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What is a Texas Workers’ Compensation Nonsubscriber?

Rick Plezia February 11, 2016 Insurance

Workers’ compensation is an insurance system regulated by the state that ensures medical bills and lost wages are covered for employees injured on the job. While most states require employers to provide this insurance coverage, Texas allows private employers the right to choose whether or not they want to offer workers’ compensation. Those who don’t are referred to as workers’ compensation nonsubscribers. Employers exercise their option to not provide workers’ compensation for a number of reasons. For starters, they might be trying to avoid extremely high workers’ compensation premiums, fraud, or never-ending medical claims.

However, by electing to not offer workers’ compensation, nonsubscribers run the risk of personal injury lawsuits, paying high attorney fees, and paying damage awards if an employee proves negligence on the employer’s behalf. When an employer has workers’ compensation coverage they are legally protected, and in Texas that protection creates a bar to negligence lawsuits by injured workers.

How To Know if Your Employer is a Nonsubscriber

An employer is obligated to notify new hires of its workers’ compensation coverage status. It must also post notice of its coverage status in its place of business.

Texas law requires nonsubscribers to report their decision not to provide workers’ compensation to the Division of Workers’ Compensation (DWC) each year. Employers must also report any work-related injuries, fatalities, or occupational diseases that may occur to the DWC.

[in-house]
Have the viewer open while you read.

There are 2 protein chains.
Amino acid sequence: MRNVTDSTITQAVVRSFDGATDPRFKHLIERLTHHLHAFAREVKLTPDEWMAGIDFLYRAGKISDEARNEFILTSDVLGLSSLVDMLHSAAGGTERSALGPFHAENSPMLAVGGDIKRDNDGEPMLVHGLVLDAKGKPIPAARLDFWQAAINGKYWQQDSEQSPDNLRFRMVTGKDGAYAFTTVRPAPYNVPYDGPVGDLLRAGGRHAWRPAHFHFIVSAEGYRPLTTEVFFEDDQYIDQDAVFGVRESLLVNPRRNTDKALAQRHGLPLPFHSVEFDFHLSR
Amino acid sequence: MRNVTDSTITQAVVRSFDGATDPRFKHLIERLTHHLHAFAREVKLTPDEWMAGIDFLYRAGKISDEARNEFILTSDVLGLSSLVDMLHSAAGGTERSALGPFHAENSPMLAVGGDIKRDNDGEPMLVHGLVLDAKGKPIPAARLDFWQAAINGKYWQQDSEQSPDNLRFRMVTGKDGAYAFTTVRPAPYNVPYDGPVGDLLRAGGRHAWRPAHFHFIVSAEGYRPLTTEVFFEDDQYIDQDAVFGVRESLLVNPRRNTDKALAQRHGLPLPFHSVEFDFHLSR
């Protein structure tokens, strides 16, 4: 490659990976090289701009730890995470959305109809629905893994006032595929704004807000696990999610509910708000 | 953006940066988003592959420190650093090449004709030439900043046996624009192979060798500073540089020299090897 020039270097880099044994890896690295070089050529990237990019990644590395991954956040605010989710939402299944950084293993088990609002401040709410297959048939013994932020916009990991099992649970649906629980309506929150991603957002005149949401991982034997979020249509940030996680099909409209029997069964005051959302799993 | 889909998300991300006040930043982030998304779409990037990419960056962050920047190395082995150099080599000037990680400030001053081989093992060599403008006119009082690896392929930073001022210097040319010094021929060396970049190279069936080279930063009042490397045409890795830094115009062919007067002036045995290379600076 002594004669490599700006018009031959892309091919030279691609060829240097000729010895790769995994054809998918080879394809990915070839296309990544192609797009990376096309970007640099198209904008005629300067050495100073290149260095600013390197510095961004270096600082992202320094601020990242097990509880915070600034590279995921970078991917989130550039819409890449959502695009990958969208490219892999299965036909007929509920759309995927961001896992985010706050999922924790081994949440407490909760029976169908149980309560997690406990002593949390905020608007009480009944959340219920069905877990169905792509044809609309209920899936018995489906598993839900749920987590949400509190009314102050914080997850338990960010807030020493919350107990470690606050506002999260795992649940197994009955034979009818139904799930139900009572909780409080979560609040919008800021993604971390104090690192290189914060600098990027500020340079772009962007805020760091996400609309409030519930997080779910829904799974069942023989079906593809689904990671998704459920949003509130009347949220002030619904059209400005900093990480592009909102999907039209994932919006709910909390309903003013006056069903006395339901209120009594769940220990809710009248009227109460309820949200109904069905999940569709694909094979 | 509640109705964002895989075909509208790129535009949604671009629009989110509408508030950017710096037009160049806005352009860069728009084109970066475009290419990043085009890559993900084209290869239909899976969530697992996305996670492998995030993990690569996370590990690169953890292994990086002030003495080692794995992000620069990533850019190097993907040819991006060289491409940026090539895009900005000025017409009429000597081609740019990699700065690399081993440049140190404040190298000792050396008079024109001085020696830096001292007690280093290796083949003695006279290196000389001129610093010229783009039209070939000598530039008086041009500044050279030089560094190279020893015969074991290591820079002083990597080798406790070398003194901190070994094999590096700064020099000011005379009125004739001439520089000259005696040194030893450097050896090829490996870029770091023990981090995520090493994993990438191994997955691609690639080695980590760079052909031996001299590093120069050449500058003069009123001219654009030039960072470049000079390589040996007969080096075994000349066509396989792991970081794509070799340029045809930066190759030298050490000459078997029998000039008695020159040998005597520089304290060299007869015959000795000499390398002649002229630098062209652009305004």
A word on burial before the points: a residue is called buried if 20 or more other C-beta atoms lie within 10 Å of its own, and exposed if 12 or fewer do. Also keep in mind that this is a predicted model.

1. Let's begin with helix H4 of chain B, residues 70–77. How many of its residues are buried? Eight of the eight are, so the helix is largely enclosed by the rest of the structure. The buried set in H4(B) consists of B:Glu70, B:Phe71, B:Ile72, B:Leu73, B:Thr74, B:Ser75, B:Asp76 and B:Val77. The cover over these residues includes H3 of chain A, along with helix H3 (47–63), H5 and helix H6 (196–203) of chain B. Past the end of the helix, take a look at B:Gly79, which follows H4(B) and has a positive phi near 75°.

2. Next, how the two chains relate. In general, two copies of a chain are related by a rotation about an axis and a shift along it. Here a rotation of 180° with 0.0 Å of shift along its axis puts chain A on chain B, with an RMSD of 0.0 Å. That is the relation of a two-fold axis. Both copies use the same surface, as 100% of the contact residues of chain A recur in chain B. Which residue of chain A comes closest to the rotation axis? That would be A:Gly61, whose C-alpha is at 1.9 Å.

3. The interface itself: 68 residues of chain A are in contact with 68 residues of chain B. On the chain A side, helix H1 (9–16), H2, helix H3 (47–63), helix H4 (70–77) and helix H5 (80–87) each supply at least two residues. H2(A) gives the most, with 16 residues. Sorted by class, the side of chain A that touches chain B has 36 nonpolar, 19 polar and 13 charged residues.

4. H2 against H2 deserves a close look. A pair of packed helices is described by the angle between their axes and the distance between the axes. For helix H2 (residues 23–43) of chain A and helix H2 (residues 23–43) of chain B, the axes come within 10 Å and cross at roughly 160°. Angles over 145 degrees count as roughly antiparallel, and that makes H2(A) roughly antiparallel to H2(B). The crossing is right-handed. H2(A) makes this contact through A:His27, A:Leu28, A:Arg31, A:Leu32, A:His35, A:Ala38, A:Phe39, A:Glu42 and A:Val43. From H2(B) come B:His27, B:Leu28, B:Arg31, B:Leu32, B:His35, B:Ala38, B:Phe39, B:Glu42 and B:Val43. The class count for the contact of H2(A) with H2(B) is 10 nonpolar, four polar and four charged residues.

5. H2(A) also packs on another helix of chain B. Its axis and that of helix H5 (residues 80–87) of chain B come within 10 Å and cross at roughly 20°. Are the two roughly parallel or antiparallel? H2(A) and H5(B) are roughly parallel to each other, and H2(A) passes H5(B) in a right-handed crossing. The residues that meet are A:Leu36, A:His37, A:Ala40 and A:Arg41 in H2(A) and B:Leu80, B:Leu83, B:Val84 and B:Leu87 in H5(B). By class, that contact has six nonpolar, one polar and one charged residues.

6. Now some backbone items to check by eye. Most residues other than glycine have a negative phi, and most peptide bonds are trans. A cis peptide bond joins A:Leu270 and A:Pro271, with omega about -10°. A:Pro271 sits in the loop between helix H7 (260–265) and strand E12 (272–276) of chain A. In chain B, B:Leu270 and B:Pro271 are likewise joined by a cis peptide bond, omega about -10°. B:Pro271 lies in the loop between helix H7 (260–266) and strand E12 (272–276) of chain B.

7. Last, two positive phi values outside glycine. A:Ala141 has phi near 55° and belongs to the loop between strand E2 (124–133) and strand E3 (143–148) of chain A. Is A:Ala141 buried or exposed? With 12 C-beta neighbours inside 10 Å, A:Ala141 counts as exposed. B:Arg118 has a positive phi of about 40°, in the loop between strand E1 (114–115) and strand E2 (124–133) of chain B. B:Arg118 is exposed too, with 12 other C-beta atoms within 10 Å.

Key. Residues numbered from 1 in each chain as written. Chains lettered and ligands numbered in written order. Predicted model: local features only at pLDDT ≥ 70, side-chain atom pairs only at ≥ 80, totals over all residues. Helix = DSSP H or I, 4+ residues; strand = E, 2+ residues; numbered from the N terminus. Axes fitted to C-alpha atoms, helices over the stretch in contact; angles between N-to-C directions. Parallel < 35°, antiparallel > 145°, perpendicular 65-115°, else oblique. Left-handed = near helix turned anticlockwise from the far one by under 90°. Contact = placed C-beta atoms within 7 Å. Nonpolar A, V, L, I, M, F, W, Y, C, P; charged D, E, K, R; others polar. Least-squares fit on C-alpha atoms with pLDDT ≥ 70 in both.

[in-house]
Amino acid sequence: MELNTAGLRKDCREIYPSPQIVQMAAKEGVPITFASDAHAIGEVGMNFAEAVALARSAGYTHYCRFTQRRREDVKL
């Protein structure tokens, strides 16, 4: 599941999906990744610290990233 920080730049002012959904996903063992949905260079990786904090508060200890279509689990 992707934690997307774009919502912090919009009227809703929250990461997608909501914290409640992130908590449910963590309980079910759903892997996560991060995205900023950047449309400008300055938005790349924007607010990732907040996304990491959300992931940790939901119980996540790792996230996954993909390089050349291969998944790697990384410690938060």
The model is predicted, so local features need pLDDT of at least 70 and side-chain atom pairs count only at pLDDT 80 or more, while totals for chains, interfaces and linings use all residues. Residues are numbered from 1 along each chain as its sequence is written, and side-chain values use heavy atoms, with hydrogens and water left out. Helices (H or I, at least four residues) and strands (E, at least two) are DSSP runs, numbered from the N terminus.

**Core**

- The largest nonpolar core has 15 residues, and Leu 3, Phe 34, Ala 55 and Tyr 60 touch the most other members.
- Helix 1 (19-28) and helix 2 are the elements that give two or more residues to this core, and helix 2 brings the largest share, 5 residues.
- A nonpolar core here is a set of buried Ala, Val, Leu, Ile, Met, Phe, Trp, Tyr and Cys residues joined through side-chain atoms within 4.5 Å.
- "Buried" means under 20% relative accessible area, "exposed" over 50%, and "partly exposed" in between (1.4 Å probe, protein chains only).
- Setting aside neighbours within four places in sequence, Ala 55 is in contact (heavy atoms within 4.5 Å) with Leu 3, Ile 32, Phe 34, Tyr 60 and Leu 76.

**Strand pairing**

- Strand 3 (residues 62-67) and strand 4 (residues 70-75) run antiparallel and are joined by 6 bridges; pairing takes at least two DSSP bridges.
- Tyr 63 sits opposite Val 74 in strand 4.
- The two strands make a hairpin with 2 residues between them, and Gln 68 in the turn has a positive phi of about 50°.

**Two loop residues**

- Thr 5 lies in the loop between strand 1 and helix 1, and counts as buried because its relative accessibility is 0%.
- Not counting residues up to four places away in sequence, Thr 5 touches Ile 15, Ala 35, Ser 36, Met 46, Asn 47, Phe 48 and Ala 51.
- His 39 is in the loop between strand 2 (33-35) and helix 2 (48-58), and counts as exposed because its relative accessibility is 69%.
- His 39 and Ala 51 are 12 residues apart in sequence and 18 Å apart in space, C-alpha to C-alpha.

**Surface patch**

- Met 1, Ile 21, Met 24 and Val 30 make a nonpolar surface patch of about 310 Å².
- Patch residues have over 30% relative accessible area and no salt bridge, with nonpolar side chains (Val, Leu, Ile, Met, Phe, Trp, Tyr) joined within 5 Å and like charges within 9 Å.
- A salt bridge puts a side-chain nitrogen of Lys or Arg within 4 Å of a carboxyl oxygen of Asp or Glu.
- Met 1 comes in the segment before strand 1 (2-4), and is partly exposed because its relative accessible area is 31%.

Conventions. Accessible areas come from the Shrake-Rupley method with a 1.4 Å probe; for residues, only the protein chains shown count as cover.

Other Components to Consider with Workers’ Compensation Nonsubscribers

Most nonsubscribers in Texas provide private insurance coverage for injuries, medical expenses, and/or lost wages. It is essential that employees carefully read over any insurance plans or “Employee Injury Plans” to fully understand their benefits should they be injured while on the job. It’s important to also keep in mind that there are typically a number of requirements that must be met in order for employees to be elegible for these insurance benefits. To learn more about injuries under a non-subscriber, read part 2 of our workers compensation blog.

To stay on the safe side, keep a copy of your employer’s plan on hand. Under federal law, employers must provide a copy of their injury benefit plan upon employee request. If you have been injured and your employer is a workers’ compensation nonsubscriber, make sure you understand all of your legal rights. If you have any questions, contact the lawyers of Richard J. Plezia & Associates for help.